**Example 1:** Find the orthogonal trajectories of the family of curves y=k/x. Use a graphing device to draw several members of each family on a common screen.

**Hint:** Differentiate xy=k and get xdy+ydx=0. Therefore the orthogonal trajectories satisfy xdy - ydx=0.

**Example 2:** We formulate a model for learning in the form of the differential equation dP / dt =k(M-P), where P(t) measures the performance of someone learning a skill after a training time t, M is the maximum level of performance, and k is a positive constant. Solve this differential equation to find an expression for P(t). What’s the limit of this expression?

**Hint:** Use separation of variables and get dP / M-P = kdt.

**Example 3:** A model for the concentration C=C(t) of the glucose solution in the bloodstream is dC / dt = r-kC, where k is a positive constant. **(a)** Suppose that the concentration at t=0 is C_0. Determine the concentration at any time t by solving the differential equation. **(b)** Assuming that C_0 < r/k, find \lim_{t\to\infty} C(t) and interpret your answer.

**Hint: (a)** Use separation of variables and get dC / r-kC = dt. **(b)** In the long run, C(t) tends to r/k.

**Example 4:** One model for the spread of a rumor is that the rate of spread is proportional to the product of the fraction y of the population who have heard the rumor and the fraction who have not heard the rumor. **(a)** Write a differential equation that is satisfied by y. **(b)** Solve the differential equation. (c) A small town has 1000 inhabitants. At 8 AM, 80 people have heard a rumor. By noon half the town has heard it. At what time will 90% of the population have heard the rumor?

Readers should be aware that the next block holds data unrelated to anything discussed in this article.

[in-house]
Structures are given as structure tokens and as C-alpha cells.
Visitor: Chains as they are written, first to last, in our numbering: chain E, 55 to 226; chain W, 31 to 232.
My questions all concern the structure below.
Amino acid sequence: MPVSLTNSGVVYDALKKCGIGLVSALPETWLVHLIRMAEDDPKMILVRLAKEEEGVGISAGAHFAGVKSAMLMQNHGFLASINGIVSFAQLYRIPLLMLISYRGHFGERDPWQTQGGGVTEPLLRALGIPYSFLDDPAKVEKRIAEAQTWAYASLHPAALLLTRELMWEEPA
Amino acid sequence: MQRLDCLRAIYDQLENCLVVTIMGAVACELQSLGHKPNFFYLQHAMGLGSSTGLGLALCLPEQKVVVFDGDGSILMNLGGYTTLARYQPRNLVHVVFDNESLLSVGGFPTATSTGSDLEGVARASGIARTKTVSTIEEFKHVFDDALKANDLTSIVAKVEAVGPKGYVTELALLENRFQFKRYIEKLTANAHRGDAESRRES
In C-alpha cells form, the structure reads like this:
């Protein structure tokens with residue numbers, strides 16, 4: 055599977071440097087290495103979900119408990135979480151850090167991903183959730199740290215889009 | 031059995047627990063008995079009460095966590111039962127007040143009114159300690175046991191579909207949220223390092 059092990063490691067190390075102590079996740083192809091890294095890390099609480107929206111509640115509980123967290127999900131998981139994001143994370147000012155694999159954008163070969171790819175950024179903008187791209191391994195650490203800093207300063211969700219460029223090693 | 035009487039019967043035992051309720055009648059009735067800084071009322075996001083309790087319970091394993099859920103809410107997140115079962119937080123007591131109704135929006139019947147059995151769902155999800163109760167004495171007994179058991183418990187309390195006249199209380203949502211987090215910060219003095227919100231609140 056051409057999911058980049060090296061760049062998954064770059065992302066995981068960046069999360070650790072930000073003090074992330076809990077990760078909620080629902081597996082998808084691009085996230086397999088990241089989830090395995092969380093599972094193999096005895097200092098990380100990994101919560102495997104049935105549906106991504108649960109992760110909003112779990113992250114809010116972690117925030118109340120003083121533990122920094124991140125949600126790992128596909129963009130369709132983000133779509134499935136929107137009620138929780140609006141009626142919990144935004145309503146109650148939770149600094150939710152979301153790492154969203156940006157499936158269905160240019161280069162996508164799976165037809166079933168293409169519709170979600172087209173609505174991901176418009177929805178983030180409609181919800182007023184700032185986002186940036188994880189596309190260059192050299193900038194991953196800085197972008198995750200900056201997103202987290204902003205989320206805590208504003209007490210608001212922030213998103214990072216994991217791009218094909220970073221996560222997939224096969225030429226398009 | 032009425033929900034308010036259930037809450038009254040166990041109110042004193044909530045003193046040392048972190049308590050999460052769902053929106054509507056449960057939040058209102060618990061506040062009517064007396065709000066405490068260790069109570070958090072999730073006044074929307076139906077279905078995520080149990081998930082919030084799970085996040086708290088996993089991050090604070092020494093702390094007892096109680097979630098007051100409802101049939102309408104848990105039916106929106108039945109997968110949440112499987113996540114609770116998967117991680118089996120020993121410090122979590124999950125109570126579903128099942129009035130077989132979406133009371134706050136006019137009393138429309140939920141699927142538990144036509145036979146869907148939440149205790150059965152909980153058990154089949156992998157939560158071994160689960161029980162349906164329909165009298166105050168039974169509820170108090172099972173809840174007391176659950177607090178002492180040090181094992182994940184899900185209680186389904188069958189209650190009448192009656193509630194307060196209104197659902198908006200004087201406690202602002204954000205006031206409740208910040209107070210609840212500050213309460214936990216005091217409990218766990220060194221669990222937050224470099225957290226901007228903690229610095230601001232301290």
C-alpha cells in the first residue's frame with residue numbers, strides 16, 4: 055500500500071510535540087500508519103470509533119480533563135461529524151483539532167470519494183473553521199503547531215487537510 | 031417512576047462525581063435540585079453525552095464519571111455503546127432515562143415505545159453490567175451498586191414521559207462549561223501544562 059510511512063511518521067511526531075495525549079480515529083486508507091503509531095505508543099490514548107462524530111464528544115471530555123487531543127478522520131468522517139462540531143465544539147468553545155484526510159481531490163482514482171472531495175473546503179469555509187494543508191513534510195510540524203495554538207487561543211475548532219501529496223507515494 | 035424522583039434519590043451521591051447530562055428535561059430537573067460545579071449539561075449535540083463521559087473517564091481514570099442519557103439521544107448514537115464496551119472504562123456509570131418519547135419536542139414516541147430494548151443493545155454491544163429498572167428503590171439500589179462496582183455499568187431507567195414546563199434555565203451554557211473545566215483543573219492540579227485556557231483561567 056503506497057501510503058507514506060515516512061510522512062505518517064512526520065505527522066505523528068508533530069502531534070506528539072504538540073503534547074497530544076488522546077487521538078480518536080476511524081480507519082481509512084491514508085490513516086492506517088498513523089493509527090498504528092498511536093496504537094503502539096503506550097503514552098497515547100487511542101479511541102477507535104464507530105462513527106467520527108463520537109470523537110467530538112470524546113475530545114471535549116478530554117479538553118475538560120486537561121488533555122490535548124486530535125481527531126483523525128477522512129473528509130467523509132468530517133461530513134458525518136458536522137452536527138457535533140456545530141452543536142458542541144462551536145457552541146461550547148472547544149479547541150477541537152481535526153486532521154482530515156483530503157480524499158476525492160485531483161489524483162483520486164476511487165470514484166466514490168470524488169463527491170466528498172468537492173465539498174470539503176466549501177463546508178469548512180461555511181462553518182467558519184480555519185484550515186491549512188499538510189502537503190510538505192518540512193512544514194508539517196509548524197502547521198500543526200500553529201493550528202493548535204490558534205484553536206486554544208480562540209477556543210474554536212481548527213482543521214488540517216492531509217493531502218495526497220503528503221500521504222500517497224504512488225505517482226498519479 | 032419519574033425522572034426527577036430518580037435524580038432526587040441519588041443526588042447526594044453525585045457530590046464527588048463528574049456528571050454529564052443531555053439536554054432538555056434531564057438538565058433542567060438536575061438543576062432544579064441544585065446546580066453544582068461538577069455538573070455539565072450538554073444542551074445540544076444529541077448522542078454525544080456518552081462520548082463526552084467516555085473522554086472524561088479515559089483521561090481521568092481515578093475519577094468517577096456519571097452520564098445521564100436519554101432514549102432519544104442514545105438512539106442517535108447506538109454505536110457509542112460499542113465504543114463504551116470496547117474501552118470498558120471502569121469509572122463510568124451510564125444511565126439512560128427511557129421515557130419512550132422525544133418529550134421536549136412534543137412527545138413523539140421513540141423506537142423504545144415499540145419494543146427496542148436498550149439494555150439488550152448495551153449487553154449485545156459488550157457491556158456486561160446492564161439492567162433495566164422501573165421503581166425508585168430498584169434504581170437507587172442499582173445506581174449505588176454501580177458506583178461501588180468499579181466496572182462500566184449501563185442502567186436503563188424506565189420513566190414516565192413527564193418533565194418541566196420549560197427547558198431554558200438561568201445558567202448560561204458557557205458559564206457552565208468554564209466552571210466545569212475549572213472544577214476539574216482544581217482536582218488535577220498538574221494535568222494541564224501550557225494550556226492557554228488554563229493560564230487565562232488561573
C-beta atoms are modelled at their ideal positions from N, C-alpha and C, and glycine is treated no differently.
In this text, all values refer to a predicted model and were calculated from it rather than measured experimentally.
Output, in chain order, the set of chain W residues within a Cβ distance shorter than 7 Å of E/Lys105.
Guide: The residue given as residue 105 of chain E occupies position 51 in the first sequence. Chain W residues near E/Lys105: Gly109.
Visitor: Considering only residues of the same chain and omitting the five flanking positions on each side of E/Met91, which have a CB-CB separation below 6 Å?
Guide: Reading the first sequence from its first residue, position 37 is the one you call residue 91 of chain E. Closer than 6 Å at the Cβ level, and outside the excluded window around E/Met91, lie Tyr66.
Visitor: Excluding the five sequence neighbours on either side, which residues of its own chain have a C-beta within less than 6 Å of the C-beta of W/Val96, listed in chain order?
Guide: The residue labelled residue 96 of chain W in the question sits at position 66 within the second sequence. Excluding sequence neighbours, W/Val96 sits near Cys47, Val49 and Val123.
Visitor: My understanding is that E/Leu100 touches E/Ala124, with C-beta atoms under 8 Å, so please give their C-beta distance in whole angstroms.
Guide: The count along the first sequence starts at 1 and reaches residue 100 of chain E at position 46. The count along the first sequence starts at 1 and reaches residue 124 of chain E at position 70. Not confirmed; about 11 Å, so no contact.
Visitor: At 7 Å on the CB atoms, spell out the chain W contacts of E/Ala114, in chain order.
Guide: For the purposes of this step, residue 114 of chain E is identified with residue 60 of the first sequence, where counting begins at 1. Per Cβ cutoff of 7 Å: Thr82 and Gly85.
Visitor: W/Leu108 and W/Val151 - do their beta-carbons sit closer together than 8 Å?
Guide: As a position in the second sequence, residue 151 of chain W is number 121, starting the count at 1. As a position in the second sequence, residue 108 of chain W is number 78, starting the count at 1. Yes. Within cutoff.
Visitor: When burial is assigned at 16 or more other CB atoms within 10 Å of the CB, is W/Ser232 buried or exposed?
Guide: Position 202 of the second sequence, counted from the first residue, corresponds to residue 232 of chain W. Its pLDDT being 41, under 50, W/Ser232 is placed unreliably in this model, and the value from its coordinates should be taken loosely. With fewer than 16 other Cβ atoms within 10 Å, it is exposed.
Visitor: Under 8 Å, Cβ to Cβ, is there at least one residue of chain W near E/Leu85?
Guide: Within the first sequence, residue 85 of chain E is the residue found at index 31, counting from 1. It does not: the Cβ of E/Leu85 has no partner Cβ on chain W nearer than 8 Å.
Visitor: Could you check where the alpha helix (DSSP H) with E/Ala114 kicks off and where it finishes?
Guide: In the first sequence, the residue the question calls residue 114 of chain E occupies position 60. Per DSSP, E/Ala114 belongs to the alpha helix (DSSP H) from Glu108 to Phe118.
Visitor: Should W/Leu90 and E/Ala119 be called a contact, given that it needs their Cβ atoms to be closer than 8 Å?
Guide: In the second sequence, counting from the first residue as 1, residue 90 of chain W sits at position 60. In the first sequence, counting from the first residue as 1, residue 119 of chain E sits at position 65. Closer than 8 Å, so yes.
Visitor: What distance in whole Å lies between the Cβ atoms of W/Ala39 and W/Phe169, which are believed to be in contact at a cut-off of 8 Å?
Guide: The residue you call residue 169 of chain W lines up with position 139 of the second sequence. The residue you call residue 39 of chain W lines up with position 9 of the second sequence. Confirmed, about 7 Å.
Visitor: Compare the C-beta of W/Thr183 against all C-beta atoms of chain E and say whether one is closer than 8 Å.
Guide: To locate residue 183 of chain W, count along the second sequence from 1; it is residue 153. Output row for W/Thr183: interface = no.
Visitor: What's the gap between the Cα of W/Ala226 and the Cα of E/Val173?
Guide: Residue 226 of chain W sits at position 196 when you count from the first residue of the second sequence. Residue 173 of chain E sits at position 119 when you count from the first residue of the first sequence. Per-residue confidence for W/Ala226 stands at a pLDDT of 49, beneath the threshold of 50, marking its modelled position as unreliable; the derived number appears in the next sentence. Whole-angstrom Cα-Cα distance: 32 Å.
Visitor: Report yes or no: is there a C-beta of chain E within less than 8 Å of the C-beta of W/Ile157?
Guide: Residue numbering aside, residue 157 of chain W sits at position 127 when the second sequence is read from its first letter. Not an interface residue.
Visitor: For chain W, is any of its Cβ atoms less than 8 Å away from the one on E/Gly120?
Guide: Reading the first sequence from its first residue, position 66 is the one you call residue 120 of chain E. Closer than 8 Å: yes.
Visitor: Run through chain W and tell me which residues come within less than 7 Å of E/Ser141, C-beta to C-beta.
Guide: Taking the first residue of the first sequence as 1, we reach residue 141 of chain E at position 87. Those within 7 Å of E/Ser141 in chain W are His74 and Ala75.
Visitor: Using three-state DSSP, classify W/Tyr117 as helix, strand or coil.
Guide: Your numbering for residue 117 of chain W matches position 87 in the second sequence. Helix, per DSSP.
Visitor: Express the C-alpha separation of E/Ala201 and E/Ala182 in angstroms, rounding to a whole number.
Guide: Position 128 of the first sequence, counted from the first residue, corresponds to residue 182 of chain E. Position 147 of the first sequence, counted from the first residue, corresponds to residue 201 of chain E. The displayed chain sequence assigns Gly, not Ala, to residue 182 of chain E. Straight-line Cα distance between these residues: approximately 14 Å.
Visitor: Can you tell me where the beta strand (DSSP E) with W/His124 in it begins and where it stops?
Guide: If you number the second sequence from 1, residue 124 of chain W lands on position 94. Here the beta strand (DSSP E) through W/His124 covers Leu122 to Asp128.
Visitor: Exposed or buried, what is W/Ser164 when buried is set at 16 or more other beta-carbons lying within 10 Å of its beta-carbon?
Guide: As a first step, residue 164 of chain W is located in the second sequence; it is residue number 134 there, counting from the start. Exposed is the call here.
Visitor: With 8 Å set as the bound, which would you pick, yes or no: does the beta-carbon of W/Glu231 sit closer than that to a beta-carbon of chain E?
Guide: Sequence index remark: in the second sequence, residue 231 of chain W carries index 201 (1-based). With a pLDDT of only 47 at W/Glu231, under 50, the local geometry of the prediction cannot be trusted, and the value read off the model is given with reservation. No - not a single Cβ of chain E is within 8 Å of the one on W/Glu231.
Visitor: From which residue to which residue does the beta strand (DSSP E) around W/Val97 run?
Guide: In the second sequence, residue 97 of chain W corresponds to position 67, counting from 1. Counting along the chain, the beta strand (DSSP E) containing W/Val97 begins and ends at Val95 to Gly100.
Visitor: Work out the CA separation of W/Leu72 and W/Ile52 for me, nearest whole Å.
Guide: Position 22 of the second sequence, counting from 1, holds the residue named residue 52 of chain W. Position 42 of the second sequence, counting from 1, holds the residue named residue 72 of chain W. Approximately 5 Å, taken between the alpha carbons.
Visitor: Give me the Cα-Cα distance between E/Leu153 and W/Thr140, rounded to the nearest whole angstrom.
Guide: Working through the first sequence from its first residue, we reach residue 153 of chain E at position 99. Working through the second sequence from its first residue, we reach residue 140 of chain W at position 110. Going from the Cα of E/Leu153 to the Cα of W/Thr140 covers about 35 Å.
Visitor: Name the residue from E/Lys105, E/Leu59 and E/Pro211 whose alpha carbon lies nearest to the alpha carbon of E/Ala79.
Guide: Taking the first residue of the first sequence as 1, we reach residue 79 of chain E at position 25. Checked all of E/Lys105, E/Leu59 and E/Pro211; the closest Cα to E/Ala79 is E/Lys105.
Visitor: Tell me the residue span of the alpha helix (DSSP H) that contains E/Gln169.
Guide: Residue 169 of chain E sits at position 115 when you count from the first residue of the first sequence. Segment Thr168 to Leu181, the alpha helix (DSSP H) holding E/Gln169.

**Hint: (a)** According to the description of the model, dy / dt = ky(1-y). **(b)** Use separation of variables and get dy/ y(1-y) = kdt. **(c)** Set 8AM as t=0. Then noon stands for t=4. Use the data and find A = 2/23, k = \frac{1}{4}\ln(23/2). Solve t for y(t) = 0.9.

**Example 5:** Let c be a positive number. A differential equation of the form dy /dt = ky^{1+c}, where k is a positive constant, is called a doomsday equation because the exponent in the expression ky^{1+c} is larger than the exponent 1 for natural growth. **(a)** Determine the solution that satisfies the initial condition y(0)=y_0. **(b)** Show that there is a time t=T (doomsday) such that \lim_{t\to T^{-}}y(t)=\infty. **(c)** An especially prolific bread of rabbits has the growth term My^{1.01}. If 2 such rabbits bread bread initially and the warren has 16 rabbits after 3 months, then when is doomsday?

**Solution:** **(a)** Use separation of variables and get dy / y^{1+c} = kdt. Integrate, use the initial value, and get y = (-ckt + y_0^{-c})^{-1/c}. **(b)** As -ckt + y_0^{-c} tends to 0^+, y(t) tends to infinity. Therefore the doomsday T = y_0^{c}/ck. **(c)** According to the data, y_0 = 2, c = 0.01 and 16 = (-0.01\cdot k\cdot 3 + 2^{-0.01})^{-1/0.01}, hence k=0.681252\ldots. The doomsday is then 145.775 months, or 12 years plus 2 months.

**Disclaimer:** The author disclaims responsibility for any adverse effects resulting, directly or indirectly, from information contained in the previous problem. In particular, when you see 16 rabbits, don’t try killing them.

**Remark:** See *A Mole of Moles* by xkcd for a hypothetical analysis of the moment before the doomsday.